A New Industry Framework For Achieving the EU Green Deal ‘Zero Pollution’ Goal
Industrial Emissions Directive and climate action: key elements for a review
Under the EU Green Deal, the European Union is committed to reaching climate neutrality by 2050. A clean industrial transformation is urgently needed to achieve this goal. This paper proposes changes to the current industrial policy framework to ensure that the existing legislation covering industrial pollution drives a rapid transition towards zero pollution.
The Industrial Emissions Directive (IED) regulates pollution from around 50,000 large industrial installations in Europe. It requires industries to meet performance-based pollution limits, which are periodically reviewed to take into account innovation and progress. The IED aims to prevent pollution from industrial activities. All relevant environmental impacts should be taken into consideration: emissions to various environmental media (land, water and air), the use of resources such as water, energy, material or chemicals, waste prevention and general production efficiency, accident prevention, etc. This integrated approach is meant to achieve a high level of environmental protection as a whole.
However, while protecting the environment, the IED does not address greenhouse gas pollution and climate impacts directly. Instead, the regulation of greenhouse gas emissions is left to the EU carbon market (or Emissions Trading System – ETS).
Because greenhouse gas emissions were excluded from the scope of the IED with the introduction of the market-based approach of the EU ETS directive, EU governments have not set limits on these emissions when issuing environmental permits under the IED. For the same reason, it is also optional for governments to set binding energy efficiency standards based on performance on those installations that are covered by the EU ETS.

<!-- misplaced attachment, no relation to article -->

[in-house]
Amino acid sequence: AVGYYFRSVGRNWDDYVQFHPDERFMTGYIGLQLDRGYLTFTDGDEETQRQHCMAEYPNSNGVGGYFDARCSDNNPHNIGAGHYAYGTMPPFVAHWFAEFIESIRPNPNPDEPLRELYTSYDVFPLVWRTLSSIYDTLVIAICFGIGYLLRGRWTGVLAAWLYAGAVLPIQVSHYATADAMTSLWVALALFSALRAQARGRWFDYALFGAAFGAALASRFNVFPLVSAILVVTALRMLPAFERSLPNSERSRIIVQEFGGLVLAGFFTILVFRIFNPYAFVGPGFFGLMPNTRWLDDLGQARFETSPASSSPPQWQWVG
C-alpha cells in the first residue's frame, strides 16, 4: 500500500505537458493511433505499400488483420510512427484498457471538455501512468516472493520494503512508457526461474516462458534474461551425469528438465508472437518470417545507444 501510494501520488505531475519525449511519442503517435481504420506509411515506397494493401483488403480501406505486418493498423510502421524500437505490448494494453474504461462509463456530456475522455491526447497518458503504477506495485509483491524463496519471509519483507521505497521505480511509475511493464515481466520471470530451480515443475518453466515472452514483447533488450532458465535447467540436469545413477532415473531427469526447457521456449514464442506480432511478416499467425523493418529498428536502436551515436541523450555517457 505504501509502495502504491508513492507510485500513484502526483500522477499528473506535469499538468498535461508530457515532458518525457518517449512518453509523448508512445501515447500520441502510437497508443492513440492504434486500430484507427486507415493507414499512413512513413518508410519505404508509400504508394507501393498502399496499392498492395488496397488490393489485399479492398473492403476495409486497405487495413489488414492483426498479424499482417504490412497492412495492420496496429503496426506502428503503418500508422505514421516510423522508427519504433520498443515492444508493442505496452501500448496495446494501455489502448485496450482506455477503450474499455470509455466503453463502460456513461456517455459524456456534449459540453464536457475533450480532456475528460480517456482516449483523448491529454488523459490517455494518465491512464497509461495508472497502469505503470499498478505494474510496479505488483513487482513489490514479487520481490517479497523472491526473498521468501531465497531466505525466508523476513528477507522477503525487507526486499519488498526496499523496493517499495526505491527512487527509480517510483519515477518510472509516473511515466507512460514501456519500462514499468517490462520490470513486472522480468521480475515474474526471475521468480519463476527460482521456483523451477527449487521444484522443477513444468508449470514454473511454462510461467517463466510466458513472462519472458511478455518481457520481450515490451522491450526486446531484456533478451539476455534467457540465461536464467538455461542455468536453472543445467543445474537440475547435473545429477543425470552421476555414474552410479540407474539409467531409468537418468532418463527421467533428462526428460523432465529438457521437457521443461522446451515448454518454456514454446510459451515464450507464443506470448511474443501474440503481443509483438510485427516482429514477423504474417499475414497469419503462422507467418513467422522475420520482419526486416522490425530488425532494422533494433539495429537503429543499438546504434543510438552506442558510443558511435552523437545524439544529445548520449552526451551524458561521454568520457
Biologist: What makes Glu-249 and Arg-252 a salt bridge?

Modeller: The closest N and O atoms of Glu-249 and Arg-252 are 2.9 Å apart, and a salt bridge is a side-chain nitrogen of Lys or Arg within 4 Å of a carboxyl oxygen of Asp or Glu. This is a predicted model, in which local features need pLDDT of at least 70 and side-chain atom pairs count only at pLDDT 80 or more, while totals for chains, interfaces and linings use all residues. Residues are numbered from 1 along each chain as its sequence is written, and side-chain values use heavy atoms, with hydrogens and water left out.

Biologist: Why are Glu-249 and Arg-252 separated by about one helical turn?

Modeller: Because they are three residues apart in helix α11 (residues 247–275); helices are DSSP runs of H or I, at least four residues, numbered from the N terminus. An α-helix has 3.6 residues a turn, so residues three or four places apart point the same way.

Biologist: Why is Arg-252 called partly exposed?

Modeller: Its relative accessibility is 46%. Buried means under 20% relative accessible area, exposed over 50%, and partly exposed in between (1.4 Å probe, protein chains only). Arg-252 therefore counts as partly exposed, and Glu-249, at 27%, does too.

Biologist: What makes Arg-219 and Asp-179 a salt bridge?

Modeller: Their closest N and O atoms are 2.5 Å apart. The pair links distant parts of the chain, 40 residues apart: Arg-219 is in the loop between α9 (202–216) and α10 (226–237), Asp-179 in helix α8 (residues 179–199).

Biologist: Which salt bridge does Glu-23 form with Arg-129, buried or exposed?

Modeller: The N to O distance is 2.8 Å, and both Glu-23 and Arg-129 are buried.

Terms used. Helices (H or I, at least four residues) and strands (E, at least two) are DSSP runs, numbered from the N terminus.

These limitations are counter-productive and incompatible with the integrated approach of the IED to prevent (all) pollution at source. They also provide little incentive to industries to invest in more environmentally friendly processes and reduce their green-house gas emissions. In light of the urgent need to tackle the climate crisis, this oversight and shortcoming need to be corrected. The revision of the industrial emissions directive is an opportunity to include greenhouse gas emissions within the scope of the legislation, and strengthen its key elements to ensure that it fulfills its full potential and yields the best environmental outcomes. The inclusion of greenhouse gas emissions within the scope of the IED does not entail duplication of regulation vis-a-vis the EU carbon market rules because both frameworks are complementary and follow different approaches. In addition, unlike the IED, the carbon market does not use the “best available technology” concept, so the IED’s best available techniques reference documents (BREFs) would be reinforcing and complementary regulation, not overlapping.
In order to drive the clean industrial transformation, different policy instruments are needed. The industrial emissions directive can and should be used to reinforce the market-based approach under the EU emissions trading scheme. For this to happen, the European Commission needs to propose deleting art. 9.1 that excludes greenhouse gas emissions from the industrial emissions directive, and to make energy efficiency standards mandatory in environmental permits. This can be done in the context of the ongoing revision of the industrial emissions directive. It is an opportunity not to be missed to ensure a new industrial policy framework that will help Europe reach its goals under the EU Green Deal.
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